Story by Shiloh Wolfork | Photography used with permission
An award ceremony was held for East sophomore Rachel Anderson by the East Veterans’ Club on Dec. 11, where she was given a gold medal and $100 certificate in recognition of her post-level win of the Voice of Democracy essay contest.
The Voice of Democracy essay contest is an annual nationwide audio-essay scholarship program that is sponsored by the Veterans of Foreign Wars (VFW). The national first place winner receives a $30,000 scholarship and the winner from each VFW state is given a minimum scholarship of $1,000 and an all-expense paid trip to Washington D.C. Anderson won at the West Chester VFW post level.
The competition gives students the opportunity to respond to a single prompt that is decided by judges on the national level. Each prompt is meant to promote democratic and patriotic thinking.
“Last year, the prompt was ‘hope for the future’. And then this year, the one that I won was ‘why my vote matters’,” Anderson said. “The contest was required in my speech class last year and my teacher submitted mine. I ended up being the runner-up. I was so close last year that I decided to enter on my own.”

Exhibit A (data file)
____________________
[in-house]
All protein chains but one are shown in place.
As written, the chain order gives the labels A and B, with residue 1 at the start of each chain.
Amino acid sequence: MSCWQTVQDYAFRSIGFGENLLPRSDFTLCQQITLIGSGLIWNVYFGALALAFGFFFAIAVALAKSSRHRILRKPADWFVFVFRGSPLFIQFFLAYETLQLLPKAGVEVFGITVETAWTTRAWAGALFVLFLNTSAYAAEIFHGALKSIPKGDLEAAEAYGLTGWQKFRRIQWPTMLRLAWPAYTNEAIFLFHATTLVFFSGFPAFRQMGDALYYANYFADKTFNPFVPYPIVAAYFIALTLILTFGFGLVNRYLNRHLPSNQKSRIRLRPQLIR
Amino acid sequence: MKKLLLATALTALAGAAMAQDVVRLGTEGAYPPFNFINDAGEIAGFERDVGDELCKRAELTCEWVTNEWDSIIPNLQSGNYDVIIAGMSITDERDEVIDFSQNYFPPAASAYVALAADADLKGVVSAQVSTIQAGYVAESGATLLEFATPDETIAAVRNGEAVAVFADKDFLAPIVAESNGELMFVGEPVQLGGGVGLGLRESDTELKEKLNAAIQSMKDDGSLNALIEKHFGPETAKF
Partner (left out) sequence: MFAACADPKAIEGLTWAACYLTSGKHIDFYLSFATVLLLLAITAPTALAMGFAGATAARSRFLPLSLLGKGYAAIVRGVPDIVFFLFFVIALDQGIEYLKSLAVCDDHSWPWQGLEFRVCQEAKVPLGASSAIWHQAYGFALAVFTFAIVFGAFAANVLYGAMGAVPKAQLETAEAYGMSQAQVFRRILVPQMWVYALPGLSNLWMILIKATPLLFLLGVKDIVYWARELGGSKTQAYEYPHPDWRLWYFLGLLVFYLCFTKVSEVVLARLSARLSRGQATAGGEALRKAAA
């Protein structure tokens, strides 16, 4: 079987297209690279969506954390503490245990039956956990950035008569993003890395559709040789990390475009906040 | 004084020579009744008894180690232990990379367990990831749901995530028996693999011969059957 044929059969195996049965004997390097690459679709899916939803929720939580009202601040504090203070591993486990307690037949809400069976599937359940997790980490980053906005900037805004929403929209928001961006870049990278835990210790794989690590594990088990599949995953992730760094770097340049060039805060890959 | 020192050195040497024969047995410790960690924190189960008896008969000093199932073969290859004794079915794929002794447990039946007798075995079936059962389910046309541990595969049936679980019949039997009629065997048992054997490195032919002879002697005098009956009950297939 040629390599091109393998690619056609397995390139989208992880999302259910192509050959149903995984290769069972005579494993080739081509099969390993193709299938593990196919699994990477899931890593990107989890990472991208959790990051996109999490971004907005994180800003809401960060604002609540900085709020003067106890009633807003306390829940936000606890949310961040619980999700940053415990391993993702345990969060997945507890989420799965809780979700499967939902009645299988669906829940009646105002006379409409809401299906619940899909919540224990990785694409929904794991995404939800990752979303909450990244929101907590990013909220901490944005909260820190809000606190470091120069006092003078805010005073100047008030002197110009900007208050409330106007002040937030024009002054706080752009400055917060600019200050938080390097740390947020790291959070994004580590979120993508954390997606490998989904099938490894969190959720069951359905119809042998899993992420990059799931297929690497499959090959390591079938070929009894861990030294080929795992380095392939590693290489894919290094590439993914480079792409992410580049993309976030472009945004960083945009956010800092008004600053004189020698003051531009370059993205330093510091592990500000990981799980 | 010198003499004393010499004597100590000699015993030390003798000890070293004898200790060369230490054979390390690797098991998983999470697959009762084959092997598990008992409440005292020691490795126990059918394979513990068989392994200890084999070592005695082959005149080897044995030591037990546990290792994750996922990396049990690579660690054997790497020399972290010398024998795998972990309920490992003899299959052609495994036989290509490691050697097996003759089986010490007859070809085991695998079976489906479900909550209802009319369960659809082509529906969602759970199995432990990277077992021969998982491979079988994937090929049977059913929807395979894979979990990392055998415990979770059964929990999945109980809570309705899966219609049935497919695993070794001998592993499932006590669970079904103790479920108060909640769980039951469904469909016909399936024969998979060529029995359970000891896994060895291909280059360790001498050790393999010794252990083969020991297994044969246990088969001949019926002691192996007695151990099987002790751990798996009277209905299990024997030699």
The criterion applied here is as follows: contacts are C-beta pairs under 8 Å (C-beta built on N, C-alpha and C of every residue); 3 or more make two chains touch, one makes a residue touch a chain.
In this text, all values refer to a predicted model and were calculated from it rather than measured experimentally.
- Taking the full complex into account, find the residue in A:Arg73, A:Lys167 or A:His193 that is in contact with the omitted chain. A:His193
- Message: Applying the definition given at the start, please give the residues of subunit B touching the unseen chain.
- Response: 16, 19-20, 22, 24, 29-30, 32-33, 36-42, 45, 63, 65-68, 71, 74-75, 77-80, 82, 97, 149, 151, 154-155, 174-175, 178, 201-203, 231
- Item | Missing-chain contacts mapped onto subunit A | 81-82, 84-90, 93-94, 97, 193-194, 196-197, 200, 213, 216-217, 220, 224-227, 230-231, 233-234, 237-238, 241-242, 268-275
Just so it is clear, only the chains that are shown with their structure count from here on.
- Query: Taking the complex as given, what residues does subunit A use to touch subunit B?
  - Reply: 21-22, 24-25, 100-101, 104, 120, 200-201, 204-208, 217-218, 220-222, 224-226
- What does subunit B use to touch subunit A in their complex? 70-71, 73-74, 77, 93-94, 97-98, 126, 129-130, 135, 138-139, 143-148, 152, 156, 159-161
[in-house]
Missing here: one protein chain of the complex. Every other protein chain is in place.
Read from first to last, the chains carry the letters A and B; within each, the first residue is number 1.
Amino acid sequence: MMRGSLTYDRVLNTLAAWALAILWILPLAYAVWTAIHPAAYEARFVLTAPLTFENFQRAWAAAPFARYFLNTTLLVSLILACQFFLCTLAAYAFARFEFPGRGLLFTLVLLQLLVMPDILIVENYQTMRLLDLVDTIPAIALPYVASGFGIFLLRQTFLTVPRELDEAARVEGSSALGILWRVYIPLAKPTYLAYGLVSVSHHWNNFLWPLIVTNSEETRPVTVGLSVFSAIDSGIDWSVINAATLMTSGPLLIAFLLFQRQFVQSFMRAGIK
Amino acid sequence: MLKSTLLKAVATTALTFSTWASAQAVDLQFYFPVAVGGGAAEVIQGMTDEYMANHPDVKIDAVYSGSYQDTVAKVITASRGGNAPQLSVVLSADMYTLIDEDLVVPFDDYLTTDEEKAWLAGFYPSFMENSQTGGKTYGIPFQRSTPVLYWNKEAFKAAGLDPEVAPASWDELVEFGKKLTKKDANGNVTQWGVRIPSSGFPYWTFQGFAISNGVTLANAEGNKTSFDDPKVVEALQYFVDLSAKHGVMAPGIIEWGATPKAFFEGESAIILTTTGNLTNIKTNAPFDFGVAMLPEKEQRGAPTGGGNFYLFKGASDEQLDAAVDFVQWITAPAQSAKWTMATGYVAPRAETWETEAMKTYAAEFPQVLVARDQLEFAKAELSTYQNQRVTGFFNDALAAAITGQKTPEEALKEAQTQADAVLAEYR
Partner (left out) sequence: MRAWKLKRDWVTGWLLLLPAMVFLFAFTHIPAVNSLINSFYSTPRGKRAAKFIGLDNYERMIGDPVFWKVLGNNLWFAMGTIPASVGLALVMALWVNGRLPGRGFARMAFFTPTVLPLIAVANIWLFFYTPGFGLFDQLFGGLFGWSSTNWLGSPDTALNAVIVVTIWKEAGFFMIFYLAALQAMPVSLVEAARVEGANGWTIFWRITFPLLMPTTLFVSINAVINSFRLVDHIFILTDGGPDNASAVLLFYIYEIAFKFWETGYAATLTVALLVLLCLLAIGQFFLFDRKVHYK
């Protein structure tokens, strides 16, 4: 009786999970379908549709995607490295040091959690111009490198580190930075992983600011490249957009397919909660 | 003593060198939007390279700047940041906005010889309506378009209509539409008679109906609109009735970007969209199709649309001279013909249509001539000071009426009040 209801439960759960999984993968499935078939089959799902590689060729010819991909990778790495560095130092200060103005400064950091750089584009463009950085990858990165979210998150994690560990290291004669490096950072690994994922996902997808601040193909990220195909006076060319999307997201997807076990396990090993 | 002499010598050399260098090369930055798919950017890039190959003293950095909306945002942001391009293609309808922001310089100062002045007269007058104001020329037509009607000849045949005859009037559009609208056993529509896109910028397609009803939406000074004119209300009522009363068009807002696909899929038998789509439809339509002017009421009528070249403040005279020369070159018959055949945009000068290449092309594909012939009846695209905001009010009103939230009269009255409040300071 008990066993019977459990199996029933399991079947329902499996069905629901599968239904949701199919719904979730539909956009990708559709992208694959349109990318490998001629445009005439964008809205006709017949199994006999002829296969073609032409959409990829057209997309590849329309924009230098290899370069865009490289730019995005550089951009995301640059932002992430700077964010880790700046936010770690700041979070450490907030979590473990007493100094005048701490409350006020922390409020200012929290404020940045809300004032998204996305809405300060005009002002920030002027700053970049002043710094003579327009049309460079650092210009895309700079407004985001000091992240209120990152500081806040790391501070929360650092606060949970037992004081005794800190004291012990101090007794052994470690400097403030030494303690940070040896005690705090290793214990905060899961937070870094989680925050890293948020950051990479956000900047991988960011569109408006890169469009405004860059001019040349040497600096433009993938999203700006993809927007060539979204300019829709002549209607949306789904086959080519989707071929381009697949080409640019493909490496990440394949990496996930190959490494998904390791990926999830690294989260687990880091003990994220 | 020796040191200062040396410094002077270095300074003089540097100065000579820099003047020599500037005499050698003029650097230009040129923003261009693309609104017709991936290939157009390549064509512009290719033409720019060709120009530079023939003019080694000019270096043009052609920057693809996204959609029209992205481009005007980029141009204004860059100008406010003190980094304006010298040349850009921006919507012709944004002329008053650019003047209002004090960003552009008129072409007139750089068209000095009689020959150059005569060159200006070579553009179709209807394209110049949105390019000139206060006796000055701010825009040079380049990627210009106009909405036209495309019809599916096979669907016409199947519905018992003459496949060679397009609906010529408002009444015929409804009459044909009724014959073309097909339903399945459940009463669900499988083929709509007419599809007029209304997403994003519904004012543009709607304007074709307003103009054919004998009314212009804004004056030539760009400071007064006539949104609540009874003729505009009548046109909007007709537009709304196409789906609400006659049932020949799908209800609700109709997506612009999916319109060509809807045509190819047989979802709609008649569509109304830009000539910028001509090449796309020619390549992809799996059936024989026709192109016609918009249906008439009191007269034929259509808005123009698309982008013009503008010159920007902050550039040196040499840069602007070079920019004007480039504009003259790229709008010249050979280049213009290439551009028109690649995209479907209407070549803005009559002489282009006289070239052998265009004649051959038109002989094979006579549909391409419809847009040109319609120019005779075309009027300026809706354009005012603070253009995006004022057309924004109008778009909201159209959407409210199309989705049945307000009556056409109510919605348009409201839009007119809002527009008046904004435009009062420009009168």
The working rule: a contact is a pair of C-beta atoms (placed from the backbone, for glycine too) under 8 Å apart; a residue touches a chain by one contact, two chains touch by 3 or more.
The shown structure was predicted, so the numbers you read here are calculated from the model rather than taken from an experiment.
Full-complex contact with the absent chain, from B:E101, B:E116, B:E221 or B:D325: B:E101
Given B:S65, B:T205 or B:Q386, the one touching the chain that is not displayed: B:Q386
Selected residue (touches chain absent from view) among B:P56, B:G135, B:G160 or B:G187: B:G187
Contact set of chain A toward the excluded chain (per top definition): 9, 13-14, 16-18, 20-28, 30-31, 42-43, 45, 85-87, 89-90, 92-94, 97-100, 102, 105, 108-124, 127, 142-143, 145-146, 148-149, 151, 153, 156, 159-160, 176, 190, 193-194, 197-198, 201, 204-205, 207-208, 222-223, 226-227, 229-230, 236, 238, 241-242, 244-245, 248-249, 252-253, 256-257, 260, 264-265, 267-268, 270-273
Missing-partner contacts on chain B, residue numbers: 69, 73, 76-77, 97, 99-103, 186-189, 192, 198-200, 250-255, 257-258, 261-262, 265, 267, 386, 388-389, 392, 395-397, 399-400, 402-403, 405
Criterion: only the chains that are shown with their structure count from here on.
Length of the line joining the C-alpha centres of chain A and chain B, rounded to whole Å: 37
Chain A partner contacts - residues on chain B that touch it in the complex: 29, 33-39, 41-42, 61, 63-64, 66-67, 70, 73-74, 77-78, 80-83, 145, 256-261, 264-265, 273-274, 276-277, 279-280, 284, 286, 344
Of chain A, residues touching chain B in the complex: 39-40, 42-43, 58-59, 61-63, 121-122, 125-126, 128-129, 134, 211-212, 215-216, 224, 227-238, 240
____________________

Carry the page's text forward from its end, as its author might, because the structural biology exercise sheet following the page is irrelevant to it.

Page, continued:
For Commander of Post 7696 in West Chester Mike Barker, the clarity and thoughtfulness of her ideas presented Anderson as the clear winner.
“She was very well-spoken and the clarity of her thought from beginning to end really distinguished her from the other students,” Mike said. “Every essay was based on the same subject matter, but the way that she presented herself was really excellent.”
According to Anderson, contributing to American democracy through voting is of the utmost importance.
“It’s not just one vote that makes a decision. It’s important for us to come together as a nation. Voting matters even if you don’t like the candidates,” Anderson said. “The more research you do on a candidate, the more you’re able to form an opinion and make a decision.”
For Advisor of the East Veterans Club Sally Barker, the contest provides students with a valuable opportunity to consider ideas based on good citizenship and Americanism.
“It’s so important to see kids get involved in things that are important to them,” Sally said. ”Things like this really allow students to express their opinions without having their thinking restrained.”
For Anderson, her involvement in the Voice of Democracy contest has proven to be a significant and rewarding experience.
“The win made me feel really good because the contest was a good way for me to push myself outside of my comfort zone. It made me think in different ways,” Anderson said. “Opportunities like this made me realize why it’s important to vote no matter what. When we unite, real decisions are made.”